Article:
The Progressivity of Equalization Payments in Federations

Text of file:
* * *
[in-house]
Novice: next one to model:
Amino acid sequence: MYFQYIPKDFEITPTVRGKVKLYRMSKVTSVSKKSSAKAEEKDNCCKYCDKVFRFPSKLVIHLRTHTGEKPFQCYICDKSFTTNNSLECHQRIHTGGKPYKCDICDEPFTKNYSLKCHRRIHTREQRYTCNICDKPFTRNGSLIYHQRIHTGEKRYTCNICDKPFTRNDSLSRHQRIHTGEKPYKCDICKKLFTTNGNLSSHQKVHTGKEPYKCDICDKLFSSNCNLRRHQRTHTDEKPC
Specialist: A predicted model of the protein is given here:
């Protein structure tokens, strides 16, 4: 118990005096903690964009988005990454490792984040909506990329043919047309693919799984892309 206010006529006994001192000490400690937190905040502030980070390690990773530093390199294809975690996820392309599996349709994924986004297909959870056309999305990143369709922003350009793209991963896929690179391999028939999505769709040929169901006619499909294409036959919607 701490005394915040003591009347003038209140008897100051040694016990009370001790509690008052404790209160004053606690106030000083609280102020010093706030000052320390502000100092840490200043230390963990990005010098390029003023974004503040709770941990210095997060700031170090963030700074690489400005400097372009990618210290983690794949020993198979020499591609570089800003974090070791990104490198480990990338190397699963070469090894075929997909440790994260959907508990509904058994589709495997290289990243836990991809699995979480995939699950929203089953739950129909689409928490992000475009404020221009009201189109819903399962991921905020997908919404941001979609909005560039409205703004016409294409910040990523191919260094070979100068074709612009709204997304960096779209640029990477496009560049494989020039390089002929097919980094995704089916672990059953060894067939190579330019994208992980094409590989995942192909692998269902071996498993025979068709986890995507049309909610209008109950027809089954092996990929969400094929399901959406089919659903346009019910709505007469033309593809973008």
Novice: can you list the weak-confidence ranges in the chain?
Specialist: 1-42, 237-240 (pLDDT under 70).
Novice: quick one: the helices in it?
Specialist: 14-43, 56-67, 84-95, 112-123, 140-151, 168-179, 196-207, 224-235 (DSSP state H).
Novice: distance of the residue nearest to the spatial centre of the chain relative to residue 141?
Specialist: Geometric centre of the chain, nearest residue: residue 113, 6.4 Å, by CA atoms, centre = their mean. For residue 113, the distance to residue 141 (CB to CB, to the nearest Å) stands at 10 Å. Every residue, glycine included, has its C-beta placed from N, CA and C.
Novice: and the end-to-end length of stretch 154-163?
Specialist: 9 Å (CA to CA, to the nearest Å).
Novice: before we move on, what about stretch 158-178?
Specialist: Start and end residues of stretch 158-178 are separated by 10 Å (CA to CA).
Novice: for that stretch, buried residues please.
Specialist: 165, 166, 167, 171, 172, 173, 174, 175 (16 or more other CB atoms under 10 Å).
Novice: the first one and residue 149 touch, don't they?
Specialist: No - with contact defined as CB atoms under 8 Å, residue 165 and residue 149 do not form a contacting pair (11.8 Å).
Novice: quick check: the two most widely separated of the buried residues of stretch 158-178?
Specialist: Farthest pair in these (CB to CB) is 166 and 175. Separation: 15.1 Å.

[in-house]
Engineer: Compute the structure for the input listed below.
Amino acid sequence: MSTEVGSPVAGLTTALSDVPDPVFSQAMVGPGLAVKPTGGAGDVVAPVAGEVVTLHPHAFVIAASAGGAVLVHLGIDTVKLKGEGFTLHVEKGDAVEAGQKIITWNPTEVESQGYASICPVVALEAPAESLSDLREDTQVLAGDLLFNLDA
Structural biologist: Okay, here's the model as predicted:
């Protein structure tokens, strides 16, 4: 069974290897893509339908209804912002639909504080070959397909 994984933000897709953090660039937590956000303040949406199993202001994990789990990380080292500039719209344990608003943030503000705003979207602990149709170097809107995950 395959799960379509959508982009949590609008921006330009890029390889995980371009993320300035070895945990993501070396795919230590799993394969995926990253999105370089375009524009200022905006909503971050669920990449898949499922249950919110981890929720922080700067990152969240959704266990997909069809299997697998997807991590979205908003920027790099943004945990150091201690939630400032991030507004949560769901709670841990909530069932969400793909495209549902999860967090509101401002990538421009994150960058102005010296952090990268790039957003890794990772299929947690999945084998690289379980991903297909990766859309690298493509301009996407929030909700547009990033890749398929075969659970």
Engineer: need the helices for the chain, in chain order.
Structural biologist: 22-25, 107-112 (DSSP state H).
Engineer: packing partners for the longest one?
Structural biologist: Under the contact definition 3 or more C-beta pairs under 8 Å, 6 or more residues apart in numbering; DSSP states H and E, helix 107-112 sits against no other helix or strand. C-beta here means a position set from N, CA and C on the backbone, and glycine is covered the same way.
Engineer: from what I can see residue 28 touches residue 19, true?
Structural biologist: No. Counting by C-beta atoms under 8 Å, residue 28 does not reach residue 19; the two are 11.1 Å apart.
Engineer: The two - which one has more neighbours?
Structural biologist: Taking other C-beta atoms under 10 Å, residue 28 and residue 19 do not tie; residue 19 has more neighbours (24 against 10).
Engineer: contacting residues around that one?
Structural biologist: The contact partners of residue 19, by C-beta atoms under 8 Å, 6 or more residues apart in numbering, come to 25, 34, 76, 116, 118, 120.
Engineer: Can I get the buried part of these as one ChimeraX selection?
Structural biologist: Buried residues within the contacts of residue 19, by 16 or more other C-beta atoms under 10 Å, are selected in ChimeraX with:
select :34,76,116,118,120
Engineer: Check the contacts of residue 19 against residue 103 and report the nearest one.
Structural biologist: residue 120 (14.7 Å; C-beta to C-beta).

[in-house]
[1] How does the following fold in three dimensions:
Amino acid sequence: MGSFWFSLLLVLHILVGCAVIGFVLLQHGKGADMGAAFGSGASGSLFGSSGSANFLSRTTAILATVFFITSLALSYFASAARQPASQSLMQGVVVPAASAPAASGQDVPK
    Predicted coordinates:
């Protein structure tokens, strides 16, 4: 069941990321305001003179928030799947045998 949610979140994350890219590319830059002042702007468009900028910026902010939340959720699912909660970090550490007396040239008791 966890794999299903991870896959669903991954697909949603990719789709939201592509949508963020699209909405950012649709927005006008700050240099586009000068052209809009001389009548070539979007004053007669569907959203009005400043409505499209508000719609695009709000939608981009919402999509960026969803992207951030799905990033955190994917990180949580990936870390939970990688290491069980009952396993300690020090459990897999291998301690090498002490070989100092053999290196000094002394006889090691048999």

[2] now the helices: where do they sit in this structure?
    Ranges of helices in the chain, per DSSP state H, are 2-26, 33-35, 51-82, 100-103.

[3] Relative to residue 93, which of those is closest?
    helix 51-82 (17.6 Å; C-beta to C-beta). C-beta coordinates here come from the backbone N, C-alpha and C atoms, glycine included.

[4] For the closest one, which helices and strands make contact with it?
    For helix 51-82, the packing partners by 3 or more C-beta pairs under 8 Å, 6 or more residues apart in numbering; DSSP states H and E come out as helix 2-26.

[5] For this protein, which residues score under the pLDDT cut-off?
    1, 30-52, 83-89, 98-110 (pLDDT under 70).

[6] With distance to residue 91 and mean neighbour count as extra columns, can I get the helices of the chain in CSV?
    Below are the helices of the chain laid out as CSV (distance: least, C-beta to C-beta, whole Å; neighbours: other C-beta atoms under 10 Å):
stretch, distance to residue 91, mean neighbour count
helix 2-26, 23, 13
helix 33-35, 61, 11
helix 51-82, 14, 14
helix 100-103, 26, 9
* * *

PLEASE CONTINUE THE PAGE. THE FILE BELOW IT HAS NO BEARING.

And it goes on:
We investigate the conditions under which an inequality averse and additively separable welfarist constitution maker would always choose to set up a progressive equalization payment scheme in a federation with local public goods. A progressive equalization payment scheme is defined as a list of per capita net (possibly negative) subsidies – one such net subsidy for every jurisdiction - that are decreasing with respect to jurisdictions per capita wealth. We examine the question in a setting in which the case for progressivity is a priori the strongest, namely, all citizens have the same utility function for the private good and the public good, inhabitants of a given jurisdiction are all identicals and are not able to move accross jurisdictions. We show that a necessary and sufficient condition that the objective function of the constitution maker must satisfy to favour a progressive equalization payment scheme for all distributions of wealth and all population sizes is to be additively separable between each jurisdiction’s per capita wealth and number of inhabitants. When interpreted for a mean of order social welfare function, this condition is shown to be equivalent to additive separability of the individual’s indirect utility function with respect to wealth and the price of the public good. Some implications of this restriction to the case where the citizen direct utility function is additively separable are also derived.
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